OILING THE VALVES - do this about two times a week.
Hold your trumpet exactly like would would when playing it but hold it at a 45 degree angle downward. Unscrew the top cap and lift the valve only half way out of the casing. Do not remove it completely. Put about five drops of valve oil on the valve surface. Spread the oil around by rotating the valve up and down and around in the casing. Let the valve fall into the casing all the way down.
Turn the valve until you hear a click, indicating that the valve guide has fallen in the right space. This aligns the valve with all the ports. (The valve guide is a small plastic piece located under the valve spring. This valve guide must snap into a little notch inside the casing. When it does, the valve will be perfectly aligned. You will know when the valve guide is in the right place because you will feel and hear a click and the valve will not rotate any longer.
GREASING THE SLIDES - do this about once a month
Why do you have to grease the slides you ask?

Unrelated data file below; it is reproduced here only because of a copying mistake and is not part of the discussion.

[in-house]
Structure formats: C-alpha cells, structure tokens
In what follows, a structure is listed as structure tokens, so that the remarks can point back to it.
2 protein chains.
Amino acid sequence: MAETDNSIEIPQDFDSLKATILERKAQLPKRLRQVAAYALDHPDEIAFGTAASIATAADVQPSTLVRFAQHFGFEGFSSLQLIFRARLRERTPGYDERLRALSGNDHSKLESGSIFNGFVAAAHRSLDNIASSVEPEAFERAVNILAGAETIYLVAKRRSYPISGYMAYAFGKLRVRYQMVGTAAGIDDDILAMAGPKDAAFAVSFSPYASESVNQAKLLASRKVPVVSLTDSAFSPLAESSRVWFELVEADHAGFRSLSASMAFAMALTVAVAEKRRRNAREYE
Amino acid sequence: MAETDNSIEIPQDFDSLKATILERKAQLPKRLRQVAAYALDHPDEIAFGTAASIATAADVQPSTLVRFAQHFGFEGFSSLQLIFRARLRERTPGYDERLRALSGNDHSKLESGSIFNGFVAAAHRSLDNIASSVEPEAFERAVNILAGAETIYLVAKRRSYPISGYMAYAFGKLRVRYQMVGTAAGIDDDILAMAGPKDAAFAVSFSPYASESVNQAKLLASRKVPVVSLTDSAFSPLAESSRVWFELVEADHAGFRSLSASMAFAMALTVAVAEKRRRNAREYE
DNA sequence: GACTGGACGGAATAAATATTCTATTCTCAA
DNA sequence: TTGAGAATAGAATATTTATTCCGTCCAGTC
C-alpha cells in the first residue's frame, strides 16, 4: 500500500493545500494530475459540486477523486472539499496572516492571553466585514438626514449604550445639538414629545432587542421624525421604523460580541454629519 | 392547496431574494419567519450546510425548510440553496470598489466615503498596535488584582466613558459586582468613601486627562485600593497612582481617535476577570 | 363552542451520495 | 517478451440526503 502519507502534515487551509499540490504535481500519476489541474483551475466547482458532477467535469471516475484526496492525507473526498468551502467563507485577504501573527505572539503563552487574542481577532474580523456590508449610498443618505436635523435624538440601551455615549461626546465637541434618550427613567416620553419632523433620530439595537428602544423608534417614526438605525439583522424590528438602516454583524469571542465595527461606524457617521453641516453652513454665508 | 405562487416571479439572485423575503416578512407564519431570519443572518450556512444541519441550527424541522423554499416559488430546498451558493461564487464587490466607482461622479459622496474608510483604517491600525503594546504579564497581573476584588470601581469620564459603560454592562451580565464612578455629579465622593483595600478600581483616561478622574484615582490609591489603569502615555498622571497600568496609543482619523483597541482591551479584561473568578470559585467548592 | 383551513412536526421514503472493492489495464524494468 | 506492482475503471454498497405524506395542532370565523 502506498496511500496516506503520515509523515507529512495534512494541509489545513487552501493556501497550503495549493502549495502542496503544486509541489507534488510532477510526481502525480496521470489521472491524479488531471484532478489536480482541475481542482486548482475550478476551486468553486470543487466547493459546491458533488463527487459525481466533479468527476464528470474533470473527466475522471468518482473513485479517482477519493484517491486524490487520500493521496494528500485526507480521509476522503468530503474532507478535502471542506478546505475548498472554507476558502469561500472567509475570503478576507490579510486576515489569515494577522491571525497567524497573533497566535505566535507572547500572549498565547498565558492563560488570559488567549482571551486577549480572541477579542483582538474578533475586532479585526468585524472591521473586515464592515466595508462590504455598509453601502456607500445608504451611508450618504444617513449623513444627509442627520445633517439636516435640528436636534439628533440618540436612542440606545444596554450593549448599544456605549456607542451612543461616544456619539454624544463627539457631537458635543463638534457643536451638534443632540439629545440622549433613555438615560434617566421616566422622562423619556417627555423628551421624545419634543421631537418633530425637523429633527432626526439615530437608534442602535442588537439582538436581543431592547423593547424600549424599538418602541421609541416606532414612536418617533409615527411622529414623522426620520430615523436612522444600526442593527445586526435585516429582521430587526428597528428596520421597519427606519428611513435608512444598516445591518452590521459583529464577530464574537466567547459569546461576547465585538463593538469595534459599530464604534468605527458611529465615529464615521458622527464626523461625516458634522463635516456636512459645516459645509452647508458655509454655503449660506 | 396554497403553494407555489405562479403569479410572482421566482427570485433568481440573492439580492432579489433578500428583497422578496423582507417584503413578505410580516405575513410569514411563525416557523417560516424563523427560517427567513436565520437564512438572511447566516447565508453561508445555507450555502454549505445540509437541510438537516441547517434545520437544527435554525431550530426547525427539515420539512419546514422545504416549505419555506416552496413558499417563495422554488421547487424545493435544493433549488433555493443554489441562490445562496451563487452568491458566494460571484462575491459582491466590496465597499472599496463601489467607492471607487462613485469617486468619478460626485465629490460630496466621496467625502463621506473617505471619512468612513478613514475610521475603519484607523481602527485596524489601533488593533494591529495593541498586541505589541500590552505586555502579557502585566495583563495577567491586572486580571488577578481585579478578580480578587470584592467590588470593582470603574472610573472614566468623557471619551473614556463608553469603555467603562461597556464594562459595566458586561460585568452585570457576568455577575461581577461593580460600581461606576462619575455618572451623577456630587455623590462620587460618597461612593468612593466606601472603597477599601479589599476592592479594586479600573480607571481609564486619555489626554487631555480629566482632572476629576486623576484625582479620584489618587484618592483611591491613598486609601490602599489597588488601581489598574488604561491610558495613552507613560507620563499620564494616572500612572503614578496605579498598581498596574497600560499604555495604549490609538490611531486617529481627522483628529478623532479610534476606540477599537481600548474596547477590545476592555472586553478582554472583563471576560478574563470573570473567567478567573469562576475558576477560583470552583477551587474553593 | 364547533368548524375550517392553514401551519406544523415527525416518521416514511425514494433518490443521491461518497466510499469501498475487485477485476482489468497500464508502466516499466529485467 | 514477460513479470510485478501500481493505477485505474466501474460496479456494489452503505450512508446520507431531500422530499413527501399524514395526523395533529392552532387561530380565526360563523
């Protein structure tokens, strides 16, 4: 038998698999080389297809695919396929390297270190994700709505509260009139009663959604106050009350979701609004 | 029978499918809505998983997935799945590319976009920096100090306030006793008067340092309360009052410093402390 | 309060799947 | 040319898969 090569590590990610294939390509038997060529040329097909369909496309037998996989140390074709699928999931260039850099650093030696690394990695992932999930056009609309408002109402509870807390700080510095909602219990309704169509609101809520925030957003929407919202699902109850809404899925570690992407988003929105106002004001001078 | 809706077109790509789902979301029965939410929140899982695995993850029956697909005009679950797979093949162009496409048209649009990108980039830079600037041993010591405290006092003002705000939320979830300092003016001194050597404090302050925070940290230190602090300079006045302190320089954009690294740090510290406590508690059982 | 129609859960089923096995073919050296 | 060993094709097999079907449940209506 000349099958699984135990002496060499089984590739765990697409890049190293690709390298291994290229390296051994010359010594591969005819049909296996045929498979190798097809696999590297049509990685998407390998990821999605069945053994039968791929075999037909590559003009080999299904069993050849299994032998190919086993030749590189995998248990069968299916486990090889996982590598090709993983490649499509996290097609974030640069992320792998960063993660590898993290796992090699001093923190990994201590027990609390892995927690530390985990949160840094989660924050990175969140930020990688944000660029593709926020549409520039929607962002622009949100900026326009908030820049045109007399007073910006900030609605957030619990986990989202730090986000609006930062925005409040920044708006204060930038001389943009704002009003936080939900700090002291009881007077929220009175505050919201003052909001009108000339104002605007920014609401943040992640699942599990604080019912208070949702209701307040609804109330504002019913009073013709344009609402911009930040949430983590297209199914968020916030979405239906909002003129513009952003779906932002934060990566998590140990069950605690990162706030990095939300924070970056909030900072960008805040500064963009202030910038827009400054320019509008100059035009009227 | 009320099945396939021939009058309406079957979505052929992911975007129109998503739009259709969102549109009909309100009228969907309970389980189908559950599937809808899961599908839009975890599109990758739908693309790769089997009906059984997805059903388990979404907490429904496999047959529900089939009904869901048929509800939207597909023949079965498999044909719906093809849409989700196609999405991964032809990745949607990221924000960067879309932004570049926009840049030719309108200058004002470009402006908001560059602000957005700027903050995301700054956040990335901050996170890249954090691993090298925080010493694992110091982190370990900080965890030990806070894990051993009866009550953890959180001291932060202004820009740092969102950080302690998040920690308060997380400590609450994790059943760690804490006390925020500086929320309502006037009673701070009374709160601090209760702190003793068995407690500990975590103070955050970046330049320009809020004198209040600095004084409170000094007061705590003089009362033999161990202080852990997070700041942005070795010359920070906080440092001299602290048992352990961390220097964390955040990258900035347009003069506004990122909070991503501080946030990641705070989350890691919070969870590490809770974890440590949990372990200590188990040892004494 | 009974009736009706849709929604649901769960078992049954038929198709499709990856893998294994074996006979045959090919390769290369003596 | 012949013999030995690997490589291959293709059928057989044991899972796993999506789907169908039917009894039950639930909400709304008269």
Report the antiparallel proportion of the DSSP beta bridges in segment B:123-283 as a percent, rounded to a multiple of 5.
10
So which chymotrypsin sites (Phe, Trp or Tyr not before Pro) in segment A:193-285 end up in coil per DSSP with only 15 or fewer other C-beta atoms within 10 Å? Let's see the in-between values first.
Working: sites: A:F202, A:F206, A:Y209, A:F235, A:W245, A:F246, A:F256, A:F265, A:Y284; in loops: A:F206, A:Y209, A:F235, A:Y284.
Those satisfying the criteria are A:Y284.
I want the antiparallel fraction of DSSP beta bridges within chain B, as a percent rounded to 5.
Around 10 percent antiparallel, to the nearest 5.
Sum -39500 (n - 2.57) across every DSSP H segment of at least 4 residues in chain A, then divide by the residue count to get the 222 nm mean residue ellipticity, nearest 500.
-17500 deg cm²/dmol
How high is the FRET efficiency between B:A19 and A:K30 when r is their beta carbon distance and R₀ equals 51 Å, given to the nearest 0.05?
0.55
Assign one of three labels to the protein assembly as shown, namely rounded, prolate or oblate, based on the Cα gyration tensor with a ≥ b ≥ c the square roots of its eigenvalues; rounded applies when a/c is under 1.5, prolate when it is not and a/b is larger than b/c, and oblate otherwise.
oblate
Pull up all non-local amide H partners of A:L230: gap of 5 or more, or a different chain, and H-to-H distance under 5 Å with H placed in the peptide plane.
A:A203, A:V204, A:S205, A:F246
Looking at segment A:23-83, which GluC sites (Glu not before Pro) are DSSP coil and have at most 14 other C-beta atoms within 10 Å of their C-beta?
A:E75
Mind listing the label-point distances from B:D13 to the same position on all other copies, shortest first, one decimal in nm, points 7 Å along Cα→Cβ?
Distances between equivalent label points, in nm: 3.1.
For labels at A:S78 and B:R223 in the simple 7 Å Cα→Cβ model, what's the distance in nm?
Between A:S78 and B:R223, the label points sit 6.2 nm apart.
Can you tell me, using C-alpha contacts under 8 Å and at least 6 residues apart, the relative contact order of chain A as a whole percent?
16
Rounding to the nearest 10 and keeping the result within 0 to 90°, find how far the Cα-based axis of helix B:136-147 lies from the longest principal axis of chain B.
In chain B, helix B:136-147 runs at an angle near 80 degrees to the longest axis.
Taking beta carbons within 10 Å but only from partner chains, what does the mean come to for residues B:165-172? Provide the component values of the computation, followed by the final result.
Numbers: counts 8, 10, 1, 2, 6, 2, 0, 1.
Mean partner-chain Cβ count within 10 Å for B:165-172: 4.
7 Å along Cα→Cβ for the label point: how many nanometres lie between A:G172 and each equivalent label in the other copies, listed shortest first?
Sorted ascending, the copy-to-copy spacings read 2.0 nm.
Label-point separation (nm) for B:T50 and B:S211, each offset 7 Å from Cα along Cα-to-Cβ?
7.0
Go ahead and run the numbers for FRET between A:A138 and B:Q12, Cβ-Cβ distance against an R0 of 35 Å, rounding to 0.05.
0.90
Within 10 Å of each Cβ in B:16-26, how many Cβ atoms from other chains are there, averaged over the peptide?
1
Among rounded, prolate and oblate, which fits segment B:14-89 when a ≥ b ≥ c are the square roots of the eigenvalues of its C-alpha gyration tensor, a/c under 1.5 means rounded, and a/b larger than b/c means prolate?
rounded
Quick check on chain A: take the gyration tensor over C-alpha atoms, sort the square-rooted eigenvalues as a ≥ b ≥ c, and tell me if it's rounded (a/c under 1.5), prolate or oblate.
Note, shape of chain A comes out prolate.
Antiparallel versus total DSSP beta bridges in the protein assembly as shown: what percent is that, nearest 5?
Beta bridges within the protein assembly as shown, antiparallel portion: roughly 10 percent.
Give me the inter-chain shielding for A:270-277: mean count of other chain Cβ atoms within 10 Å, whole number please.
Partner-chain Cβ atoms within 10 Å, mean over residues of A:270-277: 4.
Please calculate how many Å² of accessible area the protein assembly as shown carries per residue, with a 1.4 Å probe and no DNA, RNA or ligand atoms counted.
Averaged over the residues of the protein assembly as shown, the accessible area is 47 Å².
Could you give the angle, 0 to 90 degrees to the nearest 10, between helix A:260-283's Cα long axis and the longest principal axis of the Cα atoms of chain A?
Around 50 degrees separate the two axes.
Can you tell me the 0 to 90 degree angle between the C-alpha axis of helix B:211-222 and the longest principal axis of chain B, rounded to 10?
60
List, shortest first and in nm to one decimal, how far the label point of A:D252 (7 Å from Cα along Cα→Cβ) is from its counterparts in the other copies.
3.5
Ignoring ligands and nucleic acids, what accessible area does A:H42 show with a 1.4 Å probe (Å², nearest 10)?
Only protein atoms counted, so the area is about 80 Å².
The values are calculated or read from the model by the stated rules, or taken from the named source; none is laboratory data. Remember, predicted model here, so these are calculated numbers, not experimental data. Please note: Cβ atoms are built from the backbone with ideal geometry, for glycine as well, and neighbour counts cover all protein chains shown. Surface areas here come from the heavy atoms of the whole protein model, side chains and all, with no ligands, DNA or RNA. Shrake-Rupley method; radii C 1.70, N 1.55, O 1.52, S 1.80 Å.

If you do not lubricate the slides the mineral deposits from saliva will literally weld the tubes together and you are looking at an expensive repair and acid bath to mobilize them again. This is how you get "stuck slides". Your trumpet dries out and all that remains are the deposits. You will not be able to remove these deposits with any soap or water or any cleaning kit. It must be removed by acid at a professional repair shop. To avoid all this hassle and expense, all you have to do is grease the slides. In case you are to lazy to grease the slides and you feel that you are handy anyway will have not trouble pulling out the stuck slides with some tools form the garage, you will be in for an unpleasant surprise. You will tear your trumpet apart. There is a chance that you will rip apart all the solder joints. Yes the trumpet is held together by solder joints. If you grease your slides regularly they will never get stuck. If you are lazy or forget and your slides get stuck, take your trumpet to a trusted repair depot and the clever repair tech should be able to remove the slides without any damage. In the worse case scenario some slides get stuck so bad that the slides themselves have to be unsoldered while in the trumpet and after the curved crook of the slide has been removed the inpidual pieces of slide tubing has to be removed independently piece by piece. So, the moral of the story is DON'T FORGET TO GREASE YOUR SLIDES. How to grease your slides. Do this about once a month.